Former Education DGs Tan Sri Haji Murad bin Mohamed & Tan Sri Dr. Abdul Rahman Arshad were true educationists
Malaysian educationists such as the late Tan Sri Datuk Haji Murad backed by the then policy makers realized back in the 1980’s that the school curriculum had become too academic and wisely introduced music as a compulsory subject in all primary schools to offset the imbalance. The government fully backed this move and has thus far spent billions to put music study at all levels of education in Malaysia. Now after thirty years, the Ministry of Education is planning to cut time allocation for music in the school curriculum. This is something that needs to be reconsidered. One may ask why music education is now being given such a low priority ranking after nearly a quarter century of public music education.
The KBSR generation is now at least thirty years old and had been exposed to formal music education for at least six years. As a consequence we should see informed music appreciation and also an active and bubbling live music culture in Malaysian society? Sadly, this is not happening. It is well known that a tree is known by its fruit. Malaysian parents clearly do not see the “fruits of music education”. Desired outcomes of a well orchestrated music program in the primary schools should be such things as the ability to appreciate and talk intelligently about music in its variant forms.
So what do we do with a tree that does not bear fruit? Apparently questions such as these have begun to surface amongst education planners and in the mind of the Honorable Minister himself. Perhaps we might have been taking a wrong approach to music education all along? Perhaps focus should have been more on a sound music appreciation program of the “penyuburan diri” type rather than dreary theory and recorder drills so prevalent in many schools which non-musical music teachers prefer to do. There is a dearth of empirical studies on such matters which is within the purview of the so many universities that offer music studies even up to graduate levels in Malaysia today.
The government, children, parents and classroom music teachers are not at fault here. I feel that the fault lies squarely in the planning, administration and implementation aspects of music education since 1983 itself. Sadly, this aspect has always been in the hands bureaucrats and not professionals such as music educationists or those qualified in music education management. Even those with tertiary music qualifications who are put in charge of music education planning are not screened properly. For instance, when selections are made the background of the candidate's university or the transcripts are not looked into. The transcripts would show what subjects or courses were taken and of course the grades obtained by the candidate. The current and past practice allows anyone who shows a diploma (BA,MA or Phd) from overseas to be immediately allowed to hold any music education post that may not match his/her qualifications. For example someone who majored in piano or percussion may be put in-charge of curriculum development.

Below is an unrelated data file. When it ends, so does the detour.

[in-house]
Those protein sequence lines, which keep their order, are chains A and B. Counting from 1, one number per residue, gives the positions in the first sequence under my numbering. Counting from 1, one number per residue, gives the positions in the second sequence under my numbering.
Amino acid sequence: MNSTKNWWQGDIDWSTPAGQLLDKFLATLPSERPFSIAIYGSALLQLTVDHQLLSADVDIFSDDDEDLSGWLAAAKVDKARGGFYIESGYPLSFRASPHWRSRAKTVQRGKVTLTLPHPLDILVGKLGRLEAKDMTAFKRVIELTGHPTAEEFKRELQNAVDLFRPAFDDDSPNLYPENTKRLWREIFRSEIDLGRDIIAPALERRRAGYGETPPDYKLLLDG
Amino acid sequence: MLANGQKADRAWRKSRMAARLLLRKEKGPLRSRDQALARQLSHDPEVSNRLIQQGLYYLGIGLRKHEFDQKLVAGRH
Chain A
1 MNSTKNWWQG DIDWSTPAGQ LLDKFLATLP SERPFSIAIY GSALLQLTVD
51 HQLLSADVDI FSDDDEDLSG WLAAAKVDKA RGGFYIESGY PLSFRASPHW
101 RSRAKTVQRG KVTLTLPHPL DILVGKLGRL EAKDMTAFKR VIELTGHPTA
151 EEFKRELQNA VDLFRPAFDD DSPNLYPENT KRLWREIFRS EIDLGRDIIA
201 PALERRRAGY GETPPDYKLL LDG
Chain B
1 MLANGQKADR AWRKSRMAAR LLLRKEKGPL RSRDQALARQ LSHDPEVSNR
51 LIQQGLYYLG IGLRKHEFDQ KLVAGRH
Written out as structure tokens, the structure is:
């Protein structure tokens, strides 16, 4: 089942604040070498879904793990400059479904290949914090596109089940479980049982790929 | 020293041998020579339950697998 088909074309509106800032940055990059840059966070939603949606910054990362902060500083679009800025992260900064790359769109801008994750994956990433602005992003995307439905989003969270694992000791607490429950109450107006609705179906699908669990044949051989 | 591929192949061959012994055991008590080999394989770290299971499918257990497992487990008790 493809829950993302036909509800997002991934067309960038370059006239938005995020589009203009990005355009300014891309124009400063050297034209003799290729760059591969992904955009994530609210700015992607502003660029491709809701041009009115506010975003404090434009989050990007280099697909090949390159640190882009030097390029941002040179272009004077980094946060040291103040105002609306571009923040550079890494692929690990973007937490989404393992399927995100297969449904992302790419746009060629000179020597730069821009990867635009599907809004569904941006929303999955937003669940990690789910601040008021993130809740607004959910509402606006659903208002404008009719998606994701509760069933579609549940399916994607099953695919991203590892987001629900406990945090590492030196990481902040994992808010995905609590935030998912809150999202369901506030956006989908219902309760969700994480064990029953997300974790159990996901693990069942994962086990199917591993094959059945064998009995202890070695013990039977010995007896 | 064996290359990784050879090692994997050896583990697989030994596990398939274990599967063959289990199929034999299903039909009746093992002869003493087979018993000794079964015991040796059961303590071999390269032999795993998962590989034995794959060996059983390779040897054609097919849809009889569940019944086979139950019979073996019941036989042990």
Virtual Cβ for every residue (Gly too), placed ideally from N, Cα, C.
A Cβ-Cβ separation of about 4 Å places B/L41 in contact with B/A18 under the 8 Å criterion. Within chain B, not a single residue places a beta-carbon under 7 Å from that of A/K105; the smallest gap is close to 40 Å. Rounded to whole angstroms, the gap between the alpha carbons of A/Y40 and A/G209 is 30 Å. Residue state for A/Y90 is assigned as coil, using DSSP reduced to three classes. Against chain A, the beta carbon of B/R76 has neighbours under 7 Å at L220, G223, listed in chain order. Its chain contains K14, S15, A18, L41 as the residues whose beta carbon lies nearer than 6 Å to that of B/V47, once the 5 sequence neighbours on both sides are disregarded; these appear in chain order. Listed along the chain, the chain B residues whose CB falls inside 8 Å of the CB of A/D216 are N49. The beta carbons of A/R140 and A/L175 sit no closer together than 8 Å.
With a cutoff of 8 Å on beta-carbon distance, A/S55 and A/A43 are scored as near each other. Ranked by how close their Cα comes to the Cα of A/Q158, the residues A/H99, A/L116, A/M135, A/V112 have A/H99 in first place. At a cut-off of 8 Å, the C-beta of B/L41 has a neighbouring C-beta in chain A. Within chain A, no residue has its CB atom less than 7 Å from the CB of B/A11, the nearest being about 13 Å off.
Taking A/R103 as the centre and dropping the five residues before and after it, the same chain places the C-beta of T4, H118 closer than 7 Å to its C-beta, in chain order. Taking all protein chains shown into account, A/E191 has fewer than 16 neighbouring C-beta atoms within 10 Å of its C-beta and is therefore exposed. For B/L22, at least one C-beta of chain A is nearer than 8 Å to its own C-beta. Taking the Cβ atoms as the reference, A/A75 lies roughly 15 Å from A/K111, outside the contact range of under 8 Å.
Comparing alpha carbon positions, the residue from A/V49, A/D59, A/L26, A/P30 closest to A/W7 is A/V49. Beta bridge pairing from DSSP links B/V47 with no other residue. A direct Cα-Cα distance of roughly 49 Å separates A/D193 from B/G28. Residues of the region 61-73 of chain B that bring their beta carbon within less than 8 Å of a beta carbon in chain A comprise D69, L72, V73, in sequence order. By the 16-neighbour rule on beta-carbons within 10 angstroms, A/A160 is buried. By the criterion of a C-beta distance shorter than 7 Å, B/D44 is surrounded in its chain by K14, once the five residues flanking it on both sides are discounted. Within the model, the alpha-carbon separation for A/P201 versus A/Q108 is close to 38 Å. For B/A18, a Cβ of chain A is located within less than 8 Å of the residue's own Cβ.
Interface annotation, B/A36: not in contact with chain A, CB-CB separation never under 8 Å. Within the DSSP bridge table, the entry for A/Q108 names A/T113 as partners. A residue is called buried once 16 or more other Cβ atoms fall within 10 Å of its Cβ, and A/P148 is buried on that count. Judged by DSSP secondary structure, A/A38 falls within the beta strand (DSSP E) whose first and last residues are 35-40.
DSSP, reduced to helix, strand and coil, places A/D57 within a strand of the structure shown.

It is time for some serious reflection and rethinking on how we should approach music education to meet the desired aims and behavioral objectives. Cutting down “the music tree” is the not the wisest of things to do now simply because the study of music has so much to offer a child in personality development. It is hoped that the quality of music education implementation be investigated and improved instead. It must be remembered that a sound music education, directly benefits our children and is just as important as any other subject. Should it be reduced to just an educational frill?
A Cursory View of the Benefits of Music Education
1. Transmits the cultural heritage of a group to succeeding generations.
2. Helps students to achieve their full potential and be better citizens.
3. Helps students to wallow not only in popular music culture only but also opens doors to the
many other dimensions of joy that the study of music offers..........even for the non-musically
4. Brings a sensible balance to the curriculum (besides the two hemispheres of the brain) .
between the arts and science subjects.
5. Provides opportunities for success for some students who have difficulty with other subjects
6. Exalts the human spirit and enhances the quality of life.